Swift is said to be “working with a top consulting firm to guide [All Too Well‘s] awards campaign,” and the star hasn’t been shy about trying to court Oscar consideration in the past, penning original songs for The Hunger Games and Cats (and even Where the Crawdads Sing, just this year), so it’s a guarantee that she’s going to give this her all. Hell, this June, at the Tribeca Film Festival, she even attended a screening of the film with stars Sadie Sink and Dylan O’Brien, speaking with filmmaker Mike Mills (Beginners20th Century WomenC’mon C’mon) about her inspirations and influences (such as the films of Barbara Stanwyck, like Stella Dallas) and trying to position herself as an auteur to be taken seriously – something that will be essential in her Oscar campaign to convince “on-the-fence” voters that she’s more than your average “pop star.”

It feels incredibly obvious to point out, but yes, the fact that Swift is a “big name” could absolutely help her gain a footing in this category. Just last year, having Oscar nominee Riz Ahmed as the face (and producer) of The Long Goodbye helped power that short film to an Oscar win, while the late Kobe Bryant’s name being attached to 2017’s Dear Basketball undoubtedly gave that short a leg up in the Best Animated Short Film category. And, it’s also worth mentioning the fact that All Too Well star Sadie Sink – hot off a huge season of Stranger Things (and an HCA Award for Best Supporting Actress in a Streaming Series, Drama) – will be campaigning this awards season anyway for her supporting role in Darren Aronofsky’s The Whale (where she stars as the estranged daughter of Brendan Fraser’s character), and it’s easy to see a world in which many of Sink’s interviews center around both The Whale and All Too Well, giving the short even more exposure.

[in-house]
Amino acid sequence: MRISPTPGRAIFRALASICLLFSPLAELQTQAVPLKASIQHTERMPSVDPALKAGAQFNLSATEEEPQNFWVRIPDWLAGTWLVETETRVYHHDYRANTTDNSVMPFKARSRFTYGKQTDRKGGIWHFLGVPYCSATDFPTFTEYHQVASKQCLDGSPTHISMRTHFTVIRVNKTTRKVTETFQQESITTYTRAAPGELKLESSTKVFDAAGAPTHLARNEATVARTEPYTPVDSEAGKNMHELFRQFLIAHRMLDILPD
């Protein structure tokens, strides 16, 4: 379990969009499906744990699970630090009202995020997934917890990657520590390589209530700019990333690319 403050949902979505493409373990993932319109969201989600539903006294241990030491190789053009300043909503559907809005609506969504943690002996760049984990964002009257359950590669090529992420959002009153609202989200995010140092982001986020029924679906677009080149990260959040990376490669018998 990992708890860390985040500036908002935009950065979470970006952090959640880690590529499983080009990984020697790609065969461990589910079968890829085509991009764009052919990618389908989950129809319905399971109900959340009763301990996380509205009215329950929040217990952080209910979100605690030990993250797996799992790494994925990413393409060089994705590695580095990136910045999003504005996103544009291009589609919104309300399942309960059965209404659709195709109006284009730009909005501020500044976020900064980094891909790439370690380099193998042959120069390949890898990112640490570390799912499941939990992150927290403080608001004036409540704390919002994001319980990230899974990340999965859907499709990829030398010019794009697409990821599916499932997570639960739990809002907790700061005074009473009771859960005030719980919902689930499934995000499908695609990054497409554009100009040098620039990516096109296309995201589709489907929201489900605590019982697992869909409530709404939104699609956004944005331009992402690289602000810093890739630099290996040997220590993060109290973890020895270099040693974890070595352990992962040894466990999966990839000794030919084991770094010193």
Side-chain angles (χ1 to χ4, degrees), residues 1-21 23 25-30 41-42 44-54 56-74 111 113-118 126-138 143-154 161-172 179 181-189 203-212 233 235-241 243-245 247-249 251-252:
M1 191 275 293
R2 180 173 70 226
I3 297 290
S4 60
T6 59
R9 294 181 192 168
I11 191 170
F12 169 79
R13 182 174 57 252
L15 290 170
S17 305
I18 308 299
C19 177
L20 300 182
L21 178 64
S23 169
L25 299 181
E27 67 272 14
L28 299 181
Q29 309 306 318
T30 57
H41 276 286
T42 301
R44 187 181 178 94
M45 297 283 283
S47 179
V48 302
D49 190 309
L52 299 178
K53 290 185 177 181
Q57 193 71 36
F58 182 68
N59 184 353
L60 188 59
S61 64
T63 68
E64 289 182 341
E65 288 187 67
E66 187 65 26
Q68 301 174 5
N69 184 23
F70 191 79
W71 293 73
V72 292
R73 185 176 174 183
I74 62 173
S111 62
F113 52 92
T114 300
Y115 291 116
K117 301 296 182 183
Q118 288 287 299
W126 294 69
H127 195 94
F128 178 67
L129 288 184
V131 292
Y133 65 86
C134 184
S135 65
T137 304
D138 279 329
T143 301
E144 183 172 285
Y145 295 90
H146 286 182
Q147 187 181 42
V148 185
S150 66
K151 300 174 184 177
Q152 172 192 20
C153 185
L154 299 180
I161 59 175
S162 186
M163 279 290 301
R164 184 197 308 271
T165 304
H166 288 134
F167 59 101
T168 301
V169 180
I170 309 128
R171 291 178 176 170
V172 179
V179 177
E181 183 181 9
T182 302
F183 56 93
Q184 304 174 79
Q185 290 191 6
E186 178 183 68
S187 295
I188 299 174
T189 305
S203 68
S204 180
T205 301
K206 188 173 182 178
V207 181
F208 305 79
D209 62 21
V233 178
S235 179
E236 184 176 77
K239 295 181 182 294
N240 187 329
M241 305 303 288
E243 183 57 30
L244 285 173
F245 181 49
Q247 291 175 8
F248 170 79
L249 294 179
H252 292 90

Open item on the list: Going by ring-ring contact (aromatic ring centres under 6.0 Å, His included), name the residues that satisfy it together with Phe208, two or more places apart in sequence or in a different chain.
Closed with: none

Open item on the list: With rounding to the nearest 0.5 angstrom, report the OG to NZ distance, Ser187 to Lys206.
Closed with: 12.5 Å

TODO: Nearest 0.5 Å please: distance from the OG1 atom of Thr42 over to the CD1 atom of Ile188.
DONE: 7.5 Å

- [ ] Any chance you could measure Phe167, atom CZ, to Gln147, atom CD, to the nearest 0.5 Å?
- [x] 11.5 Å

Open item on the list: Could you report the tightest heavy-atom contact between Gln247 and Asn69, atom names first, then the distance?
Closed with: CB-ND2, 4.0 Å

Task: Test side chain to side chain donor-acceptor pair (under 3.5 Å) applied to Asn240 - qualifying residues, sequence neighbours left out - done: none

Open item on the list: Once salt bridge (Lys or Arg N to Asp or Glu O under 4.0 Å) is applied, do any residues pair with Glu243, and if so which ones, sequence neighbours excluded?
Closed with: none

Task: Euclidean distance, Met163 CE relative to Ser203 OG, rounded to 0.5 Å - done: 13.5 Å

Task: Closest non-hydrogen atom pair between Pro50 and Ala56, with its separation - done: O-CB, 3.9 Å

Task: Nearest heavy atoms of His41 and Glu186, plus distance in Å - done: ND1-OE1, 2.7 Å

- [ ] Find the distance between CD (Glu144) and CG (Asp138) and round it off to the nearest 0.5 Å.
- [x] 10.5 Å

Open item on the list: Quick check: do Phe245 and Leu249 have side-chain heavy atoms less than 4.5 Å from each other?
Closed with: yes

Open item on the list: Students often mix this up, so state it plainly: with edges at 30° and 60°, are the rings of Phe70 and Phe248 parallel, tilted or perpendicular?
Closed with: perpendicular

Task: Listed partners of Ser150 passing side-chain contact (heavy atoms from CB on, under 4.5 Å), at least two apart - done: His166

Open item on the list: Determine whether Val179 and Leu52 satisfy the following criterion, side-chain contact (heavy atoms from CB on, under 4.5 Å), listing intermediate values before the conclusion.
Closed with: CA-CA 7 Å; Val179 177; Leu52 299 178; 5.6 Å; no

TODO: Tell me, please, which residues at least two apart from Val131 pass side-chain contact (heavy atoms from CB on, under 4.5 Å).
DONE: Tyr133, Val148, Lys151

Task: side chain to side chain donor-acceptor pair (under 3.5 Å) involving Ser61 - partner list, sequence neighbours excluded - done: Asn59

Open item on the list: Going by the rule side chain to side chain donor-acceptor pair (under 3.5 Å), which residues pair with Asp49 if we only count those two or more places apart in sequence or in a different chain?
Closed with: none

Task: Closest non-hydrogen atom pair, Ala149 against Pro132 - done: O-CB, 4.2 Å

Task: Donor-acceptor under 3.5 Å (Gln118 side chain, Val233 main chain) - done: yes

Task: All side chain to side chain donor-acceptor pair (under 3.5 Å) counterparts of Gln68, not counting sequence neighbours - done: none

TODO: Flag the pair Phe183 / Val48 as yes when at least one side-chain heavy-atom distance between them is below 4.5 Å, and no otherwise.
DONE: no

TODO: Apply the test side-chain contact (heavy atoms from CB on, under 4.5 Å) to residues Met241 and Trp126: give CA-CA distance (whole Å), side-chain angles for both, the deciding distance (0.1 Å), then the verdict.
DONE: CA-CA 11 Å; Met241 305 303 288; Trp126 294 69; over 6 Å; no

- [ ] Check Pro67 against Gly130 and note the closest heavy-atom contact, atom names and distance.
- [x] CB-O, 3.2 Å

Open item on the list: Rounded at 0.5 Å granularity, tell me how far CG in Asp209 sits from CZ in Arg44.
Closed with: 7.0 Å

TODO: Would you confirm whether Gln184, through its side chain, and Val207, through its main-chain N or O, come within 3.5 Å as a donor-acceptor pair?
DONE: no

Sadie Sink in Stranger Things 4

However, it should be noted that being a big name doesn’t always earn you the Oscar automatically. Two years ago, Oscar winner Pedro Almodóvar premiered a short starring Tilda Swinton titled The Human Voice at the Venice Film Festival to rapturous critical acclaim, but in the end, it wasn’t even nominated for Best Live Action Short Film. And that same year, Elvira Lind’s The Letter Room was nominated, but despite Oscar Isaac starring in the lead role, it couldn’t unseat the buzzier and more topical Two Distant Strangers, showing that there is a limit to star power, especially in the face of a short that feels more socially urgent.